What Happens to ‘Gender’ in Food and Agricultural Research? Mapping Four Broad Trends
The Women and Development Study Group recently revisited Sally Brown and Anne Marie Goetz’s 1997 Feminist Review article ‘Who Needs (Sex) When You Can Have Gender? Conflicting Discourses on Gender at Beijing?’. The article examines challenges to the concept of ‘gender’ at the UN Fourth World Conference on Women in 1995, including debates on its institutionalization and depoliticization, the tendency for it to be used as a synonym for ‘women’, and the conservative backlash against the very use of the concept itself. The retrospective value of doing this showed just how relevant these questions continue to be for Gender and Development policy, practice, research and teaching today.
For example, when teaching sex and gender, critical feminist theorising can sometimes lead students to feel that Gender and Development (GAD) approaches are too instrumentalized, too much like an industry and disconnected from reality. Moreover, the positionality of working as ‘the gender person’ in larger projects, where the gender component is often seen to stand alone with little connection to other intersectional dynamics, remains an ongoing challenge. The increasing and worrying trend of an anti-woke ‘backlash’ against feminist analysis and gender equality across the globe was also a recurring theme.
We also considered how ‘gender’ as a concept is mobilised and used in food and agricultural studies specifically. In this blog, therefore, we examine what happens to the concept in food research, policy and practice, mapping out four broad trends. Firstly, the centring of the connection between gender, nutrition and mothering remains pervasive. Secondly, ‘gender equality’ is often instrumentalized as a tool to increase marketized forms of agricultural productivity. Thirdly, while a focus on gender is obviously welcome, it can in fact obscure other important axes of oppression, such as race, class, sexuality, disability and nationality. Finally, it is consequently crucial to ground research, policy and practice in historical specificity and context in order to take into account multiple underlying oppressions and structural inequalities that influence the ability of a range of different actors in the food system to participate both socially and economically.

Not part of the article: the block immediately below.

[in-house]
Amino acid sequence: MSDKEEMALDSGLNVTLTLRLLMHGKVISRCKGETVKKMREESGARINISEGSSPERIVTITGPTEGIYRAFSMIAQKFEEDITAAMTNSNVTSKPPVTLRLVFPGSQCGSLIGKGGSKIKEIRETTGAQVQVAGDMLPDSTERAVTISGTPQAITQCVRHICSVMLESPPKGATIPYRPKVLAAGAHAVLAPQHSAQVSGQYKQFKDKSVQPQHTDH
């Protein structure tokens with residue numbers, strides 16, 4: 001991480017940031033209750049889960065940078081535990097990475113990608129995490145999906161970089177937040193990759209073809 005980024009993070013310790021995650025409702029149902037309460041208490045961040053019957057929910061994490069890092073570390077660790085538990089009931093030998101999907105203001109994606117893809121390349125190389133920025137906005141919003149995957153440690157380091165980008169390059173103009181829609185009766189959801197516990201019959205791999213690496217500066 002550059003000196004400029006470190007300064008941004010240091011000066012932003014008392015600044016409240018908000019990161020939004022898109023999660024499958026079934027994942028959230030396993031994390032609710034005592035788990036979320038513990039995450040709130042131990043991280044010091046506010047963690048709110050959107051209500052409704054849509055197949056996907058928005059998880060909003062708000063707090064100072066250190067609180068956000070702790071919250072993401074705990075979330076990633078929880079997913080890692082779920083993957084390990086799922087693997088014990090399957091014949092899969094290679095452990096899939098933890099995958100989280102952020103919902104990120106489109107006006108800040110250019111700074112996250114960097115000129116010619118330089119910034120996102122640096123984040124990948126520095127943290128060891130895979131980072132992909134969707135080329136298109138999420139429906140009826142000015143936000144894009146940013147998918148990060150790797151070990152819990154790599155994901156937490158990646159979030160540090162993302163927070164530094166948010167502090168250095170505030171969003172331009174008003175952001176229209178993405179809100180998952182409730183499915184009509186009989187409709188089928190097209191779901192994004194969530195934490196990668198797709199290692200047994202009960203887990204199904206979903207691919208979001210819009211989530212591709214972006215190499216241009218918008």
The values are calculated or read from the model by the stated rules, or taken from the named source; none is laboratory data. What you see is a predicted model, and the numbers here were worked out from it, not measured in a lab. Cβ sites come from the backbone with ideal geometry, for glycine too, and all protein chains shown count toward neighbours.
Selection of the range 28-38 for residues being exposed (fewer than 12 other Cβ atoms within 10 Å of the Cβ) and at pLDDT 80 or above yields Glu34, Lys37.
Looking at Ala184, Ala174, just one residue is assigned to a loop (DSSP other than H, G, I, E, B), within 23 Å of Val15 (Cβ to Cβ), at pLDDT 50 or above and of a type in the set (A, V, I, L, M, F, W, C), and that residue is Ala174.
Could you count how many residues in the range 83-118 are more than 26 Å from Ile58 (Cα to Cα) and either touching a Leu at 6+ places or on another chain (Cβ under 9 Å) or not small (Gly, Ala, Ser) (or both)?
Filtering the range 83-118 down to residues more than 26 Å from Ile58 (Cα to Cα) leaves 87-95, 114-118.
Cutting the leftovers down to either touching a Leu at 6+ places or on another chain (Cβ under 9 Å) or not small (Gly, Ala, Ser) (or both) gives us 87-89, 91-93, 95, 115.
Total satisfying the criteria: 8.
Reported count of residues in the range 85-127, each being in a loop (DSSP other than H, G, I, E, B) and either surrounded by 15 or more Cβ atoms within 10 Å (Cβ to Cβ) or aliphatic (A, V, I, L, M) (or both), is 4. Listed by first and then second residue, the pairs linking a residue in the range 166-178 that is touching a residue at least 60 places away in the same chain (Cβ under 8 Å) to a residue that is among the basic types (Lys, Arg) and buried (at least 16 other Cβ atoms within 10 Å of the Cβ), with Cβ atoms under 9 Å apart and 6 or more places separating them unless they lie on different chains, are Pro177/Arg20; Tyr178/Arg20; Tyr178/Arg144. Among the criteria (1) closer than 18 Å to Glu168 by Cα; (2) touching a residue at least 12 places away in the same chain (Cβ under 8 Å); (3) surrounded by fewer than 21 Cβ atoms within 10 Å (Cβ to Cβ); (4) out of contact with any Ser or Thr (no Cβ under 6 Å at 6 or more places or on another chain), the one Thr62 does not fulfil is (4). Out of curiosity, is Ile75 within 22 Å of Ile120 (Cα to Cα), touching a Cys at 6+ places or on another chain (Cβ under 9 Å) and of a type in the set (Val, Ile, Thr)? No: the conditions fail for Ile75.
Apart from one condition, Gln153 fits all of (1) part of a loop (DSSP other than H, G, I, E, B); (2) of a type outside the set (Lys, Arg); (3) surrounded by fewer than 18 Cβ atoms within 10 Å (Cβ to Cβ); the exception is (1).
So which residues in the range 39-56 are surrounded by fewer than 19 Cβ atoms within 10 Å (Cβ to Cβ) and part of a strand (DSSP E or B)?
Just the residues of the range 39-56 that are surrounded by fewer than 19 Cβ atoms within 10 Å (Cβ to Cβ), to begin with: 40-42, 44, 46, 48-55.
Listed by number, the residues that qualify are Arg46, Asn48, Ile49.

Nutrition, Mothering and Consumption
The nutrition (and partly public health) scholarship awards women and mothers (terms that are too often used interchangeably) a central role. They are viewed as primary providers of child nutrition as well as bearing the responsibility of producing healthy future generations. In the words of the Population Research Bureau: “Adequate nutrition is especially critical for women because inadequate nutrition wreaks havoc not only on women’s own health but also on the health of their children”. Children of malnourished women are more likely to face cognitive impairments, short stature, and lower resistance to infections. These are very important concerns, dramatically so in parts of the Global South and among poorer and more vulnerable women.
However, the framing of gender development discourses around maternity is deeply problematic from the point of view of the advancement of inclusive and intersectional feminist struggles. Focusing efforts largely on women “of childbearing age” perpetuates reactionary notions regarding which health care demands are worth addressing, undermining the struggles for autonomous access to abortion and equal access to health services for all women and feminised people. At the same time, the effectiveness of nutrition interventions targeting mothers needs to be critically questioned. Nutrition programmes during pregnancy and in the first couple of years postpartum often fall short of addressing the compounding nature of nutritional disadvantages that are perpetuated across many women’s lives. For example, one recent publication found that effective interventions largely targeted women who were pregnant and lactating or with young children but left major gaps when it came to older women. It also found major research and programming gaps around overweight, obesity, and noncommunicable disease.